We decided to create a two week Makerspace after spring break which would launch the process of turning our former computer lab into a dedicated ADST room for everyday use. It is our belief that the ADST curriculum does a beautiful job of addressing the OECD Seven Principles of Learning, as well as many of the First Peoples Principles. It builds student engagement and motivates them to work through less pleasant tasks knowing that the opportunity to create is ahead. (The OECD horizontal connections are truly an enriching element – because we have a limited budget and access to supplies, we contacted our nearby secondary school for their wood scraps – this gave us the opportunity to take some of our more dysregulated, unengaged students with us to the high school to pick up the wood and show them all of the amazing equipment and opportunities that are waiting for them in grade 8).

Focus: Using the ADST curriculum/creating a Makerspace provided a sound vehicle for increasing student engagement and re-establishing orientation toward adults and not peers. The change we were hoping for was increased social emotional regulation in a variety of ways.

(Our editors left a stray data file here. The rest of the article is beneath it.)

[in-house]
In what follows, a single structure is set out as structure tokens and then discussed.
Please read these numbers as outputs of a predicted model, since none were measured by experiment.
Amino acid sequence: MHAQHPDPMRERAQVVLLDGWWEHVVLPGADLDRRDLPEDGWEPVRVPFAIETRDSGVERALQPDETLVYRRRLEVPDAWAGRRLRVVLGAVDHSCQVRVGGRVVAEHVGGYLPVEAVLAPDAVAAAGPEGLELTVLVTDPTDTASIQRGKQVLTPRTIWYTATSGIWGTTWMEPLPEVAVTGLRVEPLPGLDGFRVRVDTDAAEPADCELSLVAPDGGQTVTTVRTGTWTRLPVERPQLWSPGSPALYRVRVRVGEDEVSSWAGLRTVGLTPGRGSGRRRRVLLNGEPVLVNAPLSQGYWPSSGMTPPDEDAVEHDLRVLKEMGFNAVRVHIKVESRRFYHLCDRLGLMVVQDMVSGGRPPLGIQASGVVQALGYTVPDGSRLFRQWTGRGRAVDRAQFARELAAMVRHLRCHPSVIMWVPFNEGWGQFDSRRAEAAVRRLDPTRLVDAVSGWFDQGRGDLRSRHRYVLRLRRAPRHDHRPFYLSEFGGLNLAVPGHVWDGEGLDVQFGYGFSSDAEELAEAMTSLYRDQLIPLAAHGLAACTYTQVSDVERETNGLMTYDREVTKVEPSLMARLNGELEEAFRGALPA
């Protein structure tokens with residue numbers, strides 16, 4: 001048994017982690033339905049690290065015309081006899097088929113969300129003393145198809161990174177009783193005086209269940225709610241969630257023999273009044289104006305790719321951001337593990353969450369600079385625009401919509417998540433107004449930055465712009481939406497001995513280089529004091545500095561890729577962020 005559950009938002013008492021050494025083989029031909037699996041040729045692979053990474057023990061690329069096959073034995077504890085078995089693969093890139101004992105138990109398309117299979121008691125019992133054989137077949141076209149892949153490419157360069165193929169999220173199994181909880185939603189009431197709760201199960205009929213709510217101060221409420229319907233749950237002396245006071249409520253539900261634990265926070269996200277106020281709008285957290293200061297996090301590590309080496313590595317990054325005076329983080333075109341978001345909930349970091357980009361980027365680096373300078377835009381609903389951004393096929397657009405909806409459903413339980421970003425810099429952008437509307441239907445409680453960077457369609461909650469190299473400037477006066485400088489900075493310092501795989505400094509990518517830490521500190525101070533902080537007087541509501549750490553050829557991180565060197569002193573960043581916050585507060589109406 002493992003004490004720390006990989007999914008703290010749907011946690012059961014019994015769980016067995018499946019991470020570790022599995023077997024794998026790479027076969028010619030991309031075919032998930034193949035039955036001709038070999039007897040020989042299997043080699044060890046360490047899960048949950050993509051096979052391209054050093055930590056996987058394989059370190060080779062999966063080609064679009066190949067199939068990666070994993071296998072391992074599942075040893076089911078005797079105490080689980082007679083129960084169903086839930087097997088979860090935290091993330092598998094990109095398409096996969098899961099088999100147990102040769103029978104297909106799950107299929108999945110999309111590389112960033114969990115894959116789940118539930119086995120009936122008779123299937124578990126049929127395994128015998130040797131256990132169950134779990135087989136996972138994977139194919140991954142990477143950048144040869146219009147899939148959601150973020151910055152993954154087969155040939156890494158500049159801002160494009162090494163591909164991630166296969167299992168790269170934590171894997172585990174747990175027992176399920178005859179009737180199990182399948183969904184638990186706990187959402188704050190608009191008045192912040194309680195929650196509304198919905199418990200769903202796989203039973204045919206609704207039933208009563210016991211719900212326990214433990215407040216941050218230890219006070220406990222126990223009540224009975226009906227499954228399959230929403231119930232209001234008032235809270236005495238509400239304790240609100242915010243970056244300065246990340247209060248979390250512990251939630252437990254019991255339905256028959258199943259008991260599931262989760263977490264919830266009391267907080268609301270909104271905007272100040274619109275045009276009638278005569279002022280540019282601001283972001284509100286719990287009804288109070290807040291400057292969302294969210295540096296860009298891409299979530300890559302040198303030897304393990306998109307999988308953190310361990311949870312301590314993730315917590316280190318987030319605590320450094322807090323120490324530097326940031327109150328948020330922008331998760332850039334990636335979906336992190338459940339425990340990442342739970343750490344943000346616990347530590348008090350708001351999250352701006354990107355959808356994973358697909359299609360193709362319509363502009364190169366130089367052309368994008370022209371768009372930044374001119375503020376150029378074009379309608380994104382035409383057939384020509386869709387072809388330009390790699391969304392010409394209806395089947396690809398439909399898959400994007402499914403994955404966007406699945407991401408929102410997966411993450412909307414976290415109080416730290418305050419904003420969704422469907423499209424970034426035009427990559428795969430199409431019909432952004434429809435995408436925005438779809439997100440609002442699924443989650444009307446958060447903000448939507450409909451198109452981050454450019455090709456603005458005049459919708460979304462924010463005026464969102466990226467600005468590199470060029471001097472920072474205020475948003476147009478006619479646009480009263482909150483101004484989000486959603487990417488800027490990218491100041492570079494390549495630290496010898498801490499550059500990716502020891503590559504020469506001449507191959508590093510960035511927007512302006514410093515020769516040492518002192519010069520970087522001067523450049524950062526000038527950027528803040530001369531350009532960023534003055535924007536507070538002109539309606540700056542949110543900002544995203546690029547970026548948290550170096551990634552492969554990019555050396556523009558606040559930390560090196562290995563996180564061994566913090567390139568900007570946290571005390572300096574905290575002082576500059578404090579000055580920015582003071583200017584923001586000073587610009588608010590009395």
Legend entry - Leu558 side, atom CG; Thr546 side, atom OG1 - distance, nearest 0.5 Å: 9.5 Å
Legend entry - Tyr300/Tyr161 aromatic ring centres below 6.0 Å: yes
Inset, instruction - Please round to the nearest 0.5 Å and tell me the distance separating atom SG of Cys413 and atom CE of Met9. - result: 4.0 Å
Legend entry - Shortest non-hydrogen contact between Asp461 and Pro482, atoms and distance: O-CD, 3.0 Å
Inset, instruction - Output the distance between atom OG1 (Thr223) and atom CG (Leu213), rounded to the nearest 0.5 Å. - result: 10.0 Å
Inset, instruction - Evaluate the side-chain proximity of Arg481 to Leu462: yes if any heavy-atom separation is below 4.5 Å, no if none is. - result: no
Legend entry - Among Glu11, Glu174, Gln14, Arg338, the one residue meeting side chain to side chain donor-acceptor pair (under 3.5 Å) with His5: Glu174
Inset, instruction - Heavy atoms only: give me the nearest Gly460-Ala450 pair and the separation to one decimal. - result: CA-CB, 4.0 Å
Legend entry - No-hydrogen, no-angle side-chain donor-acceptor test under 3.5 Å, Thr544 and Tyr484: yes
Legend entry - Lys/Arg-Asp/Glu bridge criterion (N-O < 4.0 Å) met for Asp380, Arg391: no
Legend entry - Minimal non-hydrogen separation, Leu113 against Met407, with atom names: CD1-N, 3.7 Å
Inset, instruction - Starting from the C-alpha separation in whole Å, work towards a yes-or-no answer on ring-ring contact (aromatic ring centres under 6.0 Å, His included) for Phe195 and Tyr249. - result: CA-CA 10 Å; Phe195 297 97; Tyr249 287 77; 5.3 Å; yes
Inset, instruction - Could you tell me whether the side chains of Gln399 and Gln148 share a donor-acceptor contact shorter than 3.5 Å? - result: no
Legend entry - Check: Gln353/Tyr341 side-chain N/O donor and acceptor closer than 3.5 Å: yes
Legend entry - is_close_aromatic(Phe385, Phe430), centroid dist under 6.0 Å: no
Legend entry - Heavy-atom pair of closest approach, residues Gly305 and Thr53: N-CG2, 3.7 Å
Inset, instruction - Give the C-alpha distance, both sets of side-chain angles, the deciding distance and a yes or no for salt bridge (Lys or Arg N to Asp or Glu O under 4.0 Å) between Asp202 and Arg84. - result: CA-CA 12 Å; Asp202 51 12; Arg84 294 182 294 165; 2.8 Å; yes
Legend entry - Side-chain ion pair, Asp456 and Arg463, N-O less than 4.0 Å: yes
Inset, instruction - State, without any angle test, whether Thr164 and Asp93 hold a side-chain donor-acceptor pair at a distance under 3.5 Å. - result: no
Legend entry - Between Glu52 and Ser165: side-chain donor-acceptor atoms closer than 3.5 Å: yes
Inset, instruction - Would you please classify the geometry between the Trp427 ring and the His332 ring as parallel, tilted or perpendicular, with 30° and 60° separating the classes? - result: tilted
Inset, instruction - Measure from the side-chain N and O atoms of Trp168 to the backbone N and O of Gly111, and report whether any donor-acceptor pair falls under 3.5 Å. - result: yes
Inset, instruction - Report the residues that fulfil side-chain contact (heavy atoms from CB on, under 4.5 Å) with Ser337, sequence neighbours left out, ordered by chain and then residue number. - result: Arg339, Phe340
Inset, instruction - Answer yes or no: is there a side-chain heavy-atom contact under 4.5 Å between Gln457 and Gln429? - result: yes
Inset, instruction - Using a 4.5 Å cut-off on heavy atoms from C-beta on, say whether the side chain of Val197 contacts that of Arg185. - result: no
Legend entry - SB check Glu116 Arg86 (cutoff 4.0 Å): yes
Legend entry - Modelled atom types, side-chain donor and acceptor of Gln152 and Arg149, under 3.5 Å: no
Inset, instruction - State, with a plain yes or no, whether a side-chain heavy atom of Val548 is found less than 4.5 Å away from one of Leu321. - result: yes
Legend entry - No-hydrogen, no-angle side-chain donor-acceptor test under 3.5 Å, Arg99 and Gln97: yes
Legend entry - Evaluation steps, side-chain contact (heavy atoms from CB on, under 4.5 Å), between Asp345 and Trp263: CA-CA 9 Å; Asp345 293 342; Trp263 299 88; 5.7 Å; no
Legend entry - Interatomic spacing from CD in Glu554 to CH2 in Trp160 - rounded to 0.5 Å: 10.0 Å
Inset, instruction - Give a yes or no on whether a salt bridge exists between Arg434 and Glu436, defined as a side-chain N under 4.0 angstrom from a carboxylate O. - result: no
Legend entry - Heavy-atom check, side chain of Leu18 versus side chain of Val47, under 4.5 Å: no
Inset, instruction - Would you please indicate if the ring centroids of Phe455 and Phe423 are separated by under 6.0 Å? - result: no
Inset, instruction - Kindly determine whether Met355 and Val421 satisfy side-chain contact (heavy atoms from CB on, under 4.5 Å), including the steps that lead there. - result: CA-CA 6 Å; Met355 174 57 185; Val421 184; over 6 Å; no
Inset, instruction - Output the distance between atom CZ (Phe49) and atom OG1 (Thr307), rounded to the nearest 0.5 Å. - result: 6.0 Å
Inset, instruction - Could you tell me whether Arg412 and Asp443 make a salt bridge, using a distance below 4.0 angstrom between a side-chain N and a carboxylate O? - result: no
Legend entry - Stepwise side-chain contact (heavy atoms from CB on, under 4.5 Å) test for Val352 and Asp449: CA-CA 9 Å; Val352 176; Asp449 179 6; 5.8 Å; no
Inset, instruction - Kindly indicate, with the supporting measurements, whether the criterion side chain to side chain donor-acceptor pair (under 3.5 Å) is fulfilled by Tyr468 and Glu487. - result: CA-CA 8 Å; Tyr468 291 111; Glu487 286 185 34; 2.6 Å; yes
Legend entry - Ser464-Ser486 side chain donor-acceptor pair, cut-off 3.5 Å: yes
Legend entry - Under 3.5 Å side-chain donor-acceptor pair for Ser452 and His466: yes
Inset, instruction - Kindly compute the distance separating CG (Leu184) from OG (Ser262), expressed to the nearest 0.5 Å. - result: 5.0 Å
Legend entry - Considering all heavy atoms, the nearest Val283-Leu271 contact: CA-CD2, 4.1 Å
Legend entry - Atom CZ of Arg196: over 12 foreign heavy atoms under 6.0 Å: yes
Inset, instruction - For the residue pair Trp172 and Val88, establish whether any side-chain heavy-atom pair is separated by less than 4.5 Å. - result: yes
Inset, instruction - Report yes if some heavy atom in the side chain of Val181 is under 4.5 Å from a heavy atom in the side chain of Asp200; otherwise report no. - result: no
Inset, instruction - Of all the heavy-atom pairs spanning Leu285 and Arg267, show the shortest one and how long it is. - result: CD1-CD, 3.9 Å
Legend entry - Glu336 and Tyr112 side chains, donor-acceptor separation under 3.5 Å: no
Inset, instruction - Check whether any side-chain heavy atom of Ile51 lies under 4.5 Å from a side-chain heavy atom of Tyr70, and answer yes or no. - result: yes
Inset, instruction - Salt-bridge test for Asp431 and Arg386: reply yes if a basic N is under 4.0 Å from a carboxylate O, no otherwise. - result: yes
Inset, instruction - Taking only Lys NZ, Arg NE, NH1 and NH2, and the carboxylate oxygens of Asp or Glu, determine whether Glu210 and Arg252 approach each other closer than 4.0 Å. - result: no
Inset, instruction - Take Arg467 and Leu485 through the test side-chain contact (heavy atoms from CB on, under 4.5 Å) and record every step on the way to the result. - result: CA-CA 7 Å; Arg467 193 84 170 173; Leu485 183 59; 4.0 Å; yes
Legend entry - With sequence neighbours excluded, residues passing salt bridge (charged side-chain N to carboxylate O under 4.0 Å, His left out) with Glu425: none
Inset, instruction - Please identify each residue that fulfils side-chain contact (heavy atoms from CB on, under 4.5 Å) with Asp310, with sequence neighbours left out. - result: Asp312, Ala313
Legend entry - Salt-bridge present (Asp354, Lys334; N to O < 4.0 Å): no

Hunch: Some of my hunches about the increased lack of engagement and acting out behaviours (including severe peer orientation of some students) are that they are unintended consequences of the pandemic. We frequently hear that students’ mental health is of great concern but there is little or no support being put in place. In fact, our district has continued its second year of considerable budget cuts.

New Professional Learning: We had originally started exploring the ADST curriculum as a whole school in March of 2020 just before the pandemic started. One of the resources that we had used at that time has since undergone significant revisions and may now even be a course –
I think the biggest area of professional growth for our staff would be seeing evidence of the OECD Seven Principles. Student engagement is so strong in all aspects of the design process and the OECD seven principles are addressed so well.